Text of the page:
IDFPR paid a visit to Good Intentions the day it opened asking a multitude of questions about the legitimacy of Jacobi’s operation. Despite the legality of Good Intentions, the department issued a formal complaint. Jacobi has since removed all signs and stopped PR campaigns related to the clinic. She also is working closely with Rep. Lou Lang, chief sponsor of the Illinois medical marijuana bill, to ensure all regulations are properly adhered to.
Clinics such as Good Intentions won’t be dispensing marijuana, but rather acting as the site where residents can establish the important doctor-patient relationship — a step that many residents have already begun to work on.
Jim Schmeltzer, 46, is a tall, gregarious Chicagoan who lives with his partner, Jim, in a quaint, three-story walk up in Rogers Park. The two lead peaceful lives of simple pleasures along with their two cats, Opie and Sammy, and six goldfish — all named Jim. Schmeltzer has been living with HIV since 2003 and uses marijuana medicinally to curb nausea and calm his stomach.
Since his doctor won’t be prescribing marijuana, and he was one of the many who had trouble getting through to Good Intentions when it opened, Schmeltzer is establishing the necessary relationship with an out-of-state physician at the Arizona Medical Marijuana Certification Center.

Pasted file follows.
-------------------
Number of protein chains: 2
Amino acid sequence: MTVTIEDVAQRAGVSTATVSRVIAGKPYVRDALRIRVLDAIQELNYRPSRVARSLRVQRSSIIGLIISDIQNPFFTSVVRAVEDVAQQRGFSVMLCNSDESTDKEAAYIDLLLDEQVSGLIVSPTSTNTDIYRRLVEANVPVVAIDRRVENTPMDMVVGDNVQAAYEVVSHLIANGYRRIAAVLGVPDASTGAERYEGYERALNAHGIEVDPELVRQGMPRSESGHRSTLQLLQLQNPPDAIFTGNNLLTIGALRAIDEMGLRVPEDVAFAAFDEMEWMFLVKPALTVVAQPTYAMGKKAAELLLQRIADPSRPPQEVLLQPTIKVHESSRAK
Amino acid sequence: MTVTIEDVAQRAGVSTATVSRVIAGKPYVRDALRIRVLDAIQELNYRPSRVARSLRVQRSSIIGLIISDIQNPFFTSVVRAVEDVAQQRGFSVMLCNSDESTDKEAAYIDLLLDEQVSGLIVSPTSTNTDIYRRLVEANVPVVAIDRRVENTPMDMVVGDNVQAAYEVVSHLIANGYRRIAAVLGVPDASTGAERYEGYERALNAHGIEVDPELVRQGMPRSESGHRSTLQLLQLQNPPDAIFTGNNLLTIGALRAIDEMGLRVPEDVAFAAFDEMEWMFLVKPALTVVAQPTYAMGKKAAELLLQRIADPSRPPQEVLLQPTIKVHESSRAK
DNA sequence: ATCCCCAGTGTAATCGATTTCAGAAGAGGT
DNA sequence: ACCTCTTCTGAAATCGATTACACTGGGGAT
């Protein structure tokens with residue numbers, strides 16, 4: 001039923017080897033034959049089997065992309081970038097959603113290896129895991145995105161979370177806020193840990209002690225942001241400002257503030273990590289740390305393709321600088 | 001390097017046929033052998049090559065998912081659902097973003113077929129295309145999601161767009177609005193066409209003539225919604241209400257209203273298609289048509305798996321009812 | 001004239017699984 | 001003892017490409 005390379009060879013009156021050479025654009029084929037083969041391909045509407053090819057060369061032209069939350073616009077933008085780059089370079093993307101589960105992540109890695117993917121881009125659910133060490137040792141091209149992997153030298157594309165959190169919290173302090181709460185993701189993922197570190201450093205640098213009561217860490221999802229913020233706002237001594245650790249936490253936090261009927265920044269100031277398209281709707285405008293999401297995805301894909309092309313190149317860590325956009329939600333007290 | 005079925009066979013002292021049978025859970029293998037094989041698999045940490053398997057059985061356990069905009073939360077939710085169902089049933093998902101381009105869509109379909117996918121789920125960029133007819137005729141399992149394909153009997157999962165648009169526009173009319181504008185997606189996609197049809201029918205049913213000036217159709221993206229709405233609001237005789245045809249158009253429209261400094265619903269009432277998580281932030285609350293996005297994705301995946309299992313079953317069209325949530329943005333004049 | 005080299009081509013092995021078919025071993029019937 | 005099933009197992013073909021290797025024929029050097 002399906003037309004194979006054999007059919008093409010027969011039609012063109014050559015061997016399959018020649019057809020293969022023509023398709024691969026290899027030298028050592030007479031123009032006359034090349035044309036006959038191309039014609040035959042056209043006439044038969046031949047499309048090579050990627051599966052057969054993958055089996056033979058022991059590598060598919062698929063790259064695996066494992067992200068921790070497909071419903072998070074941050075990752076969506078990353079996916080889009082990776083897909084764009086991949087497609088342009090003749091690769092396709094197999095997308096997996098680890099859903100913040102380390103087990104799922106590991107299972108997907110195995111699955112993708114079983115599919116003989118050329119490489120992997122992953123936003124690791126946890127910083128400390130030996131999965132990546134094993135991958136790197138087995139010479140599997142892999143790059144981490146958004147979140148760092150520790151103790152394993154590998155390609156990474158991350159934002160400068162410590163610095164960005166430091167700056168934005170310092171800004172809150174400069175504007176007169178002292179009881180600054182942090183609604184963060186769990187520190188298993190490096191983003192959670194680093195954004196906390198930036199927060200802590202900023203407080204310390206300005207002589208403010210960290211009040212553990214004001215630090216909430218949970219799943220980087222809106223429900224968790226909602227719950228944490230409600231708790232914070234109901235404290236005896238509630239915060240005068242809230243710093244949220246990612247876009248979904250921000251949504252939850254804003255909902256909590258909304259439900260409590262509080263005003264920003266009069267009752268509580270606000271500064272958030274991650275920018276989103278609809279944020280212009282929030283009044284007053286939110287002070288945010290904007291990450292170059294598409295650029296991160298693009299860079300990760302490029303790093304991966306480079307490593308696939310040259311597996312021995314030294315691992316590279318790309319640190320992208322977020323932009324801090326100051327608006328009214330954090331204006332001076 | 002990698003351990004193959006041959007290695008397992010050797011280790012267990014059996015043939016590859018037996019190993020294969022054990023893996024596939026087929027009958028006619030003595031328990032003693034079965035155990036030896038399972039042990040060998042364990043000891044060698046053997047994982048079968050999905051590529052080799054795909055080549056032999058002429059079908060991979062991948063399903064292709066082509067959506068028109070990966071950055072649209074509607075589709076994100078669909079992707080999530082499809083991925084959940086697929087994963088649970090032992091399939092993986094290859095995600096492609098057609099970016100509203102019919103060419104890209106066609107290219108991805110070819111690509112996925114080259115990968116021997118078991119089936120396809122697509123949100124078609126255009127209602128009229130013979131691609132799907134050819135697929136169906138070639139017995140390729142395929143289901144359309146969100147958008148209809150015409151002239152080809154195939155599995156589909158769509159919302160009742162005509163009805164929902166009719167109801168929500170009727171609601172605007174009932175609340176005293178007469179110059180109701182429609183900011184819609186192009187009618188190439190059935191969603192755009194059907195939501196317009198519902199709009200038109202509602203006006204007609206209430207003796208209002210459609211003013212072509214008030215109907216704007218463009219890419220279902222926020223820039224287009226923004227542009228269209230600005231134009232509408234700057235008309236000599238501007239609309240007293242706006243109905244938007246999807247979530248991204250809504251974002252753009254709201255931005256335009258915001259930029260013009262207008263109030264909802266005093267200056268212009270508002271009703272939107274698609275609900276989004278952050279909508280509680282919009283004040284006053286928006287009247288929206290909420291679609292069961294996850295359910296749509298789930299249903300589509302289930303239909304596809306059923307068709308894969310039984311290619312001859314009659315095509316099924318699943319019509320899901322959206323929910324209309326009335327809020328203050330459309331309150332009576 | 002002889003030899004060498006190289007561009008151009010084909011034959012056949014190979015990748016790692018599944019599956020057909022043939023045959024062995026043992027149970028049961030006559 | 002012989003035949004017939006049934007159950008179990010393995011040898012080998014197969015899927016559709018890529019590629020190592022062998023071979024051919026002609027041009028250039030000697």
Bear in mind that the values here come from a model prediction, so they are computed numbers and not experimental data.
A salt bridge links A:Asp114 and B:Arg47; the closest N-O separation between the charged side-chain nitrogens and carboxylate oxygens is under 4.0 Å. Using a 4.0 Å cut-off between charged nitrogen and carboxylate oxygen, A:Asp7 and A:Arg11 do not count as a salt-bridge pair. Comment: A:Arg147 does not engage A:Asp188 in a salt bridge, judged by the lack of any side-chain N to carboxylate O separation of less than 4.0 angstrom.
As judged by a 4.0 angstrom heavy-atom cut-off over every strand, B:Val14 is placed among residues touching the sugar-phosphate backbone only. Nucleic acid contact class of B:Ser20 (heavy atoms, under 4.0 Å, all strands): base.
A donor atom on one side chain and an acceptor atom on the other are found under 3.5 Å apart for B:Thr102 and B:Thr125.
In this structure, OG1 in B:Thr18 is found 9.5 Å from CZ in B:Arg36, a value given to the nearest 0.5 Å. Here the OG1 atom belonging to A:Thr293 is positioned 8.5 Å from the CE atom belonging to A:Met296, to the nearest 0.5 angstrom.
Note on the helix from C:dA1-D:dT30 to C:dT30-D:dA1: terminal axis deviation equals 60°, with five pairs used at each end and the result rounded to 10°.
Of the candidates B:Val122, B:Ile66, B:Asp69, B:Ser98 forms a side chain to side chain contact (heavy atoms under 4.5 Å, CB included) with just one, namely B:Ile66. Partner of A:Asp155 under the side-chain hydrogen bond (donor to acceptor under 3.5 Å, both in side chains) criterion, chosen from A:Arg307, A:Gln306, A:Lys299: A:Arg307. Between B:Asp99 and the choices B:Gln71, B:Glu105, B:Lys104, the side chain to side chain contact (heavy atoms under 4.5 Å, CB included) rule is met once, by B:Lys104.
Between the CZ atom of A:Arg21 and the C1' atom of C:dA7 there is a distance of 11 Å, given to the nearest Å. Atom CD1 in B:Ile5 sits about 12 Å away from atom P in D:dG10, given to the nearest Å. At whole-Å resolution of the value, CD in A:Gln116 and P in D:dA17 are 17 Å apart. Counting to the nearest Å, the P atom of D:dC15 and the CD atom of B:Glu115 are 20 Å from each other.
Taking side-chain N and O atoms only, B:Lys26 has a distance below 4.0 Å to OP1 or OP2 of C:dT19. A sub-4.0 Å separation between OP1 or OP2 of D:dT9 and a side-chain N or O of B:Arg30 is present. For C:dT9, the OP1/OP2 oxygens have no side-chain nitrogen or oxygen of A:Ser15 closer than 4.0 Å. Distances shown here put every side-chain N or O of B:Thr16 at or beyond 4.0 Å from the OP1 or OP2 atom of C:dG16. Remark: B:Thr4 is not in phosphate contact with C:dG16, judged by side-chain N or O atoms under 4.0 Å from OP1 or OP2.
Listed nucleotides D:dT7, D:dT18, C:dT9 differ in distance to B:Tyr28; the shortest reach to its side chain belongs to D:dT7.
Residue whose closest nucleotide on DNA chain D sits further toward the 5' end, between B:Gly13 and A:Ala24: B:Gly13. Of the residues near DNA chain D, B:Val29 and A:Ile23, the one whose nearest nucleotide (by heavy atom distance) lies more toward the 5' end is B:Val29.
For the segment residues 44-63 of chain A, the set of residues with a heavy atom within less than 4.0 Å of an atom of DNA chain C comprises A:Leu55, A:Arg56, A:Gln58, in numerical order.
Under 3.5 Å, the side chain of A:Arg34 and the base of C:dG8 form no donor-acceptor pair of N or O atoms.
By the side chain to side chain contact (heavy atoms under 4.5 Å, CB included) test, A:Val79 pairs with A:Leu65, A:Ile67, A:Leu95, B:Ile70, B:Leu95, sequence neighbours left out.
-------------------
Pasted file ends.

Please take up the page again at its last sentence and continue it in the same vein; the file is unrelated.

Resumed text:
“I thought that I should give my information, and trust, to an organization that has a track record in the medical marijuana area,” Schmeltzer said about his decision to work with the Arizona-based clinic.
For patients like Schmeltzer, the idea of premium pot at a reduced cost is intoxicatingly sweet. He currently goes to great lengths to ensure he is investing in the purest levels available and researches online precisely which strains best suit him. However, by the time he waltzes into a Chicago dispensary next year, all the research will have been done for him.
Menus of all things cannabis will await shoppers at local dispensaries. For patients looking to alleviate pain, relax muscles or relieve anxiety, Indica buds such as God’s Gift, Purple Dream and Sensi Star can whisk symptoms away. Smoking Indica produces a strong, body high causing sleepiness, and the ‘couch-locked’ feeling of total relaxation.
Patients on the prowl for an uplifting, energetic high that enhances their mood and stimulates creativity may try strains of Jack The Ripper, Cinderella 99 and Citrus Haze. Or, perhaps a hybrid — Chernobyl, Blue MaGoo, Super Silver Haze — will strike their fancy.
Edibles such as Cosmic Caramels, Groovy Granola Bars and Dixie Chocolate Truffles will be available for patients who want to abstain from smoking. The allowed quantity of marijuana is established at 2.5 ounces every two weeks.
Proposed amendments to city zoning codes will require growing facilities and dispensaries to obtain special use permits. The number of cultivation facilities is capped at 22 — one for each State Police district — while the number of statewide dispensaries is limited to 60.
For the time being, Good Intentions is keeping a relatively low profile to keep state inquiries at bay. But come Jan. 1, the clinic will be out and proud with a billboard atop the building that reads, “Hello, my name is Medical Marijuana. How may I help you?”